Sotheby’s unveils its first all-female sale in its almost 300-year history

Robert Dex
·2-min read
<p> Dorothea Tanning’s The Witch is among work being sold in Sotheby’s first all-female sale</p> (Sothebys)

Dorothea Tanning’s The Witch is among work being sold in Sotheby’s first all-female sale


Sotheby’s is holding its first all-female sale in its almost 300-year history.

The auction house, which first opened its doors in 1744, will be selling work by artists ranging 17th century painters to 1993 Turner Prize winner Rachel Whiteread next month.

The final details are still being arranged but 26 lots have already been confirmed including a Barbara Hepworth bronze, valued at around £160,000, a still-life from 1687 by Rachel Ruysch expected to fetch £200,000 and a surrealist-influenced painting by Dorothea Tanning that could fetch £320,000.

Tanning, who rejected the label “woman artist”, was married to Max Ernst and often dismissively described as his wife but the quality of her work has seen her reputation grow in recent years.

Whiteread’s work, called Wait, is valued at £80,000 and is made up of six plaster moulds of cardboard boxes arranged around a chair.

Marina Ruiz Colomer, Director, Contemporary Art Specialist and Head of the Day Sale at Sothebys, said the auction house had wanted to do an all female sale “for ages” but it “takes time to get the ideas clear”.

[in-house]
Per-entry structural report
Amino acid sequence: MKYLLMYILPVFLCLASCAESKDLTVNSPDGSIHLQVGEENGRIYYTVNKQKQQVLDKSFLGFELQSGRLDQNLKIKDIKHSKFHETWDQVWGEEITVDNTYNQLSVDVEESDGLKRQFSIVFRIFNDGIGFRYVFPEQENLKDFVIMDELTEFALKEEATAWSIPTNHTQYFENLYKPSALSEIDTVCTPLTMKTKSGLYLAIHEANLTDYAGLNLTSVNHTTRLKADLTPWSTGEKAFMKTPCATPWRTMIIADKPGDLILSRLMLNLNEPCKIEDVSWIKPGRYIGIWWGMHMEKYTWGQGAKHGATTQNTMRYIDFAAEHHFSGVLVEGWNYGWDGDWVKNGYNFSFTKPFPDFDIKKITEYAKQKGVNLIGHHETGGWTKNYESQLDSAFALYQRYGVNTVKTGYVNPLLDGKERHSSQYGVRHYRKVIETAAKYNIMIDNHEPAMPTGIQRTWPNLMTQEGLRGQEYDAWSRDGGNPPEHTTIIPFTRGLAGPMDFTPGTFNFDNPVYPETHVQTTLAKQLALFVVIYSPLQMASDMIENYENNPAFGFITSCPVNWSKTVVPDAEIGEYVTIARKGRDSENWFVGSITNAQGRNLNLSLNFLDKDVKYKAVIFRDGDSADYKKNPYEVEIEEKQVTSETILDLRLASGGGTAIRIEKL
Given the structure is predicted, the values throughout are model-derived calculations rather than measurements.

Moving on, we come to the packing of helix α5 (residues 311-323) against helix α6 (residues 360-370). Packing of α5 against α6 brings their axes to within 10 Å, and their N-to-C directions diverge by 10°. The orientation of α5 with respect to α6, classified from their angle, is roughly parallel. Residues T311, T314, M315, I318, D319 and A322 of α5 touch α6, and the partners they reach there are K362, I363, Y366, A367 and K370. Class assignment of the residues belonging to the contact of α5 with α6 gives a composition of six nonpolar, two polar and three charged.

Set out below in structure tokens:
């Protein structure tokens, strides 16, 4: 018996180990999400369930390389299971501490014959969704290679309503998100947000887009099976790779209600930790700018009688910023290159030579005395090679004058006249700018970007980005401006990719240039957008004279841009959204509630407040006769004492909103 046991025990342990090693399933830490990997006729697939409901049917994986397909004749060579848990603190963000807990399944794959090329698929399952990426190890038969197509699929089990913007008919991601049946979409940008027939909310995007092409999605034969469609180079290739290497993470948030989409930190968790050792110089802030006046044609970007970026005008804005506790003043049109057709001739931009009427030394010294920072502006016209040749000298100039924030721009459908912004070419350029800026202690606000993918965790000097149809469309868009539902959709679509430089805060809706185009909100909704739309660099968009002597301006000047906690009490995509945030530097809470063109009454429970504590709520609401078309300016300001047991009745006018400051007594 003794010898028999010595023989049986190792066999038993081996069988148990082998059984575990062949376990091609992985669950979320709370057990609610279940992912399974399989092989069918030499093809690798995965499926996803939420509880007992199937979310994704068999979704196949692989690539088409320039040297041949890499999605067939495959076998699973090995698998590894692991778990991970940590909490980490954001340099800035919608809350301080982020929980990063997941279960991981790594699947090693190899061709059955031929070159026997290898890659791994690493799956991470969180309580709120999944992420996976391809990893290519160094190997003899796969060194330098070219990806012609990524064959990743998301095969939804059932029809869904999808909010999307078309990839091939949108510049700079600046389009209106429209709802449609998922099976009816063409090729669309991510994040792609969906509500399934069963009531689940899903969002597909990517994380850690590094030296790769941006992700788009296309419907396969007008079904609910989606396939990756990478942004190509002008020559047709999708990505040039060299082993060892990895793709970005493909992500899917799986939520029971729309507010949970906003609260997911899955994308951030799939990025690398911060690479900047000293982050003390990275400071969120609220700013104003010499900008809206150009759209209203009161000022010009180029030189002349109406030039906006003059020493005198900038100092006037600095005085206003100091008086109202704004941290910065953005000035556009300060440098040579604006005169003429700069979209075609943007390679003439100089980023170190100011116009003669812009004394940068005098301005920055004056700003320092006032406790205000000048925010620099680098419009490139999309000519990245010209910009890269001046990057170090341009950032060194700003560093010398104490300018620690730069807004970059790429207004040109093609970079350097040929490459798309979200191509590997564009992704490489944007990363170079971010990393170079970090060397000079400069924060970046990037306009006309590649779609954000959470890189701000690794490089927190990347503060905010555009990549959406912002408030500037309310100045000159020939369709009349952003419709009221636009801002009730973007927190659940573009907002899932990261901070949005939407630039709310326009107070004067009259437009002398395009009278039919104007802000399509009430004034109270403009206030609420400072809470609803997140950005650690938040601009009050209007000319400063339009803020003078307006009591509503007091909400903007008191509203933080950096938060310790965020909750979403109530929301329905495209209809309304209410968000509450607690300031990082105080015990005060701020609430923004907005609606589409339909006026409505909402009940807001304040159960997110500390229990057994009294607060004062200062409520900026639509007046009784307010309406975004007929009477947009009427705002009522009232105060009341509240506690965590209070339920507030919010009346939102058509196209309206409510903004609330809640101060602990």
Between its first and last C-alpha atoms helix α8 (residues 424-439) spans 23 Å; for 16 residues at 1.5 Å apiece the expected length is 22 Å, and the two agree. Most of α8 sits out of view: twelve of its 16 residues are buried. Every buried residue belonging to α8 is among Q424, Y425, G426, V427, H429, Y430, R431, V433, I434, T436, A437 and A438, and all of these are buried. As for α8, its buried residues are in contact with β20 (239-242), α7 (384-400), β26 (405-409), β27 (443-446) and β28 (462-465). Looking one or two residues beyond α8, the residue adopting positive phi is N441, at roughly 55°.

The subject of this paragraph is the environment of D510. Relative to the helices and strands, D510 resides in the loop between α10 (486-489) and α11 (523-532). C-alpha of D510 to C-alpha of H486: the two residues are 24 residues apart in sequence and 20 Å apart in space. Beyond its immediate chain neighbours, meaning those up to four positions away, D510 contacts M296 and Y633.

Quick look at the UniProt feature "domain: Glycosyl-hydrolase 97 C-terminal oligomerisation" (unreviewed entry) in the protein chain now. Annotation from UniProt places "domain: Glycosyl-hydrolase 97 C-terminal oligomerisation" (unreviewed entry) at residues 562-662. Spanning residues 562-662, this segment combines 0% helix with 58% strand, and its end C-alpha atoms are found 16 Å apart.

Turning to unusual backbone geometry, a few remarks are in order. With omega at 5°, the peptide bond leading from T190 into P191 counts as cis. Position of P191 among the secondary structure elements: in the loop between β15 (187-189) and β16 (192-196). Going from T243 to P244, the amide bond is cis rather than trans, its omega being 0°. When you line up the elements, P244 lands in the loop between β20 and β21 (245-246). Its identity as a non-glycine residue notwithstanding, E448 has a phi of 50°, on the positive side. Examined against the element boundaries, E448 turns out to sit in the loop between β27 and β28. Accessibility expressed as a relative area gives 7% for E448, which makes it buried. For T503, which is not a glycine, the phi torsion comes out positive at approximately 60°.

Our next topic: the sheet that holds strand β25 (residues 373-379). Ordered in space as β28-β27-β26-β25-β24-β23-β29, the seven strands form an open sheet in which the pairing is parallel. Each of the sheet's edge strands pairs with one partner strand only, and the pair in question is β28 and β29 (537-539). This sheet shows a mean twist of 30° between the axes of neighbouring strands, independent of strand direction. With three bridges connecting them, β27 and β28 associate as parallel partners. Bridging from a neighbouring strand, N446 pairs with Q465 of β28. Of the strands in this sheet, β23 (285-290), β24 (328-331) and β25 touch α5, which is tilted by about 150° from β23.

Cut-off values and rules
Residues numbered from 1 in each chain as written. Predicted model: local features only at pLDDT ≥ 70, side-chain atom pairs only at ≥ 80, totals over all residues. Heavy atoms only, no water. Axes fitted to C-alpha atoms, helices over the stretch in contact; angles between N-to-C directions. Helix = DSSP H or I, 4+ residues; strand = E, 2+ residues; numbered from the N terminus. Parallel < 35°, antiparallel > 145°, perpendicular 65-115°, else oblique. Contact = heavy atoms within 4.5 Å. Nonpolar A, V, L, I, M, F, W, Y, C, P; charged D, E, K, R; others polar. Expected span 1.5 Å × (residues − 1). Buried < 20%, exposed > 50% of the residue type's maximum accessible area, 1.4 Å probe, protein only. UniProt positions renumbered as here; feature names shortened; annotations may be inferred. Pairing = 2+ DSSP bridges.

She said: “We want to do it properly, we don’t want this to be just another sale.

“Historically women have been under represented in museum shows and gallery shows and even in auction houses and slowly things are getting better, we are seeing more and more amazing shows out there.”

She said interest from potential buyers had given them “confidence” the show will be a success and she estimated the total sale will top £1 million.

She added: “The artists do have one thing in common and that’s that they have historically been under-represented and under-valued and that is what we want to bring them together for.

“The divisive classification ‘women artists’ but never ‘male artists’ is at the heart of a debate that has been disputed for decades, and yet continues to be a trap that is so often fallen into. Female artists should not be pigeon-holed nor segregated, which is precisely why we are holding a sale that appears to be doing exactly that – in order to turn the tables and open up this debate. Yes, these artists are women, but more importantly, they are artists.”

The (Women) Artists sale will take place online from May 20-27 and will be accompanied by an exhibition at Sotheby’s New Bond Street from May 22-27.

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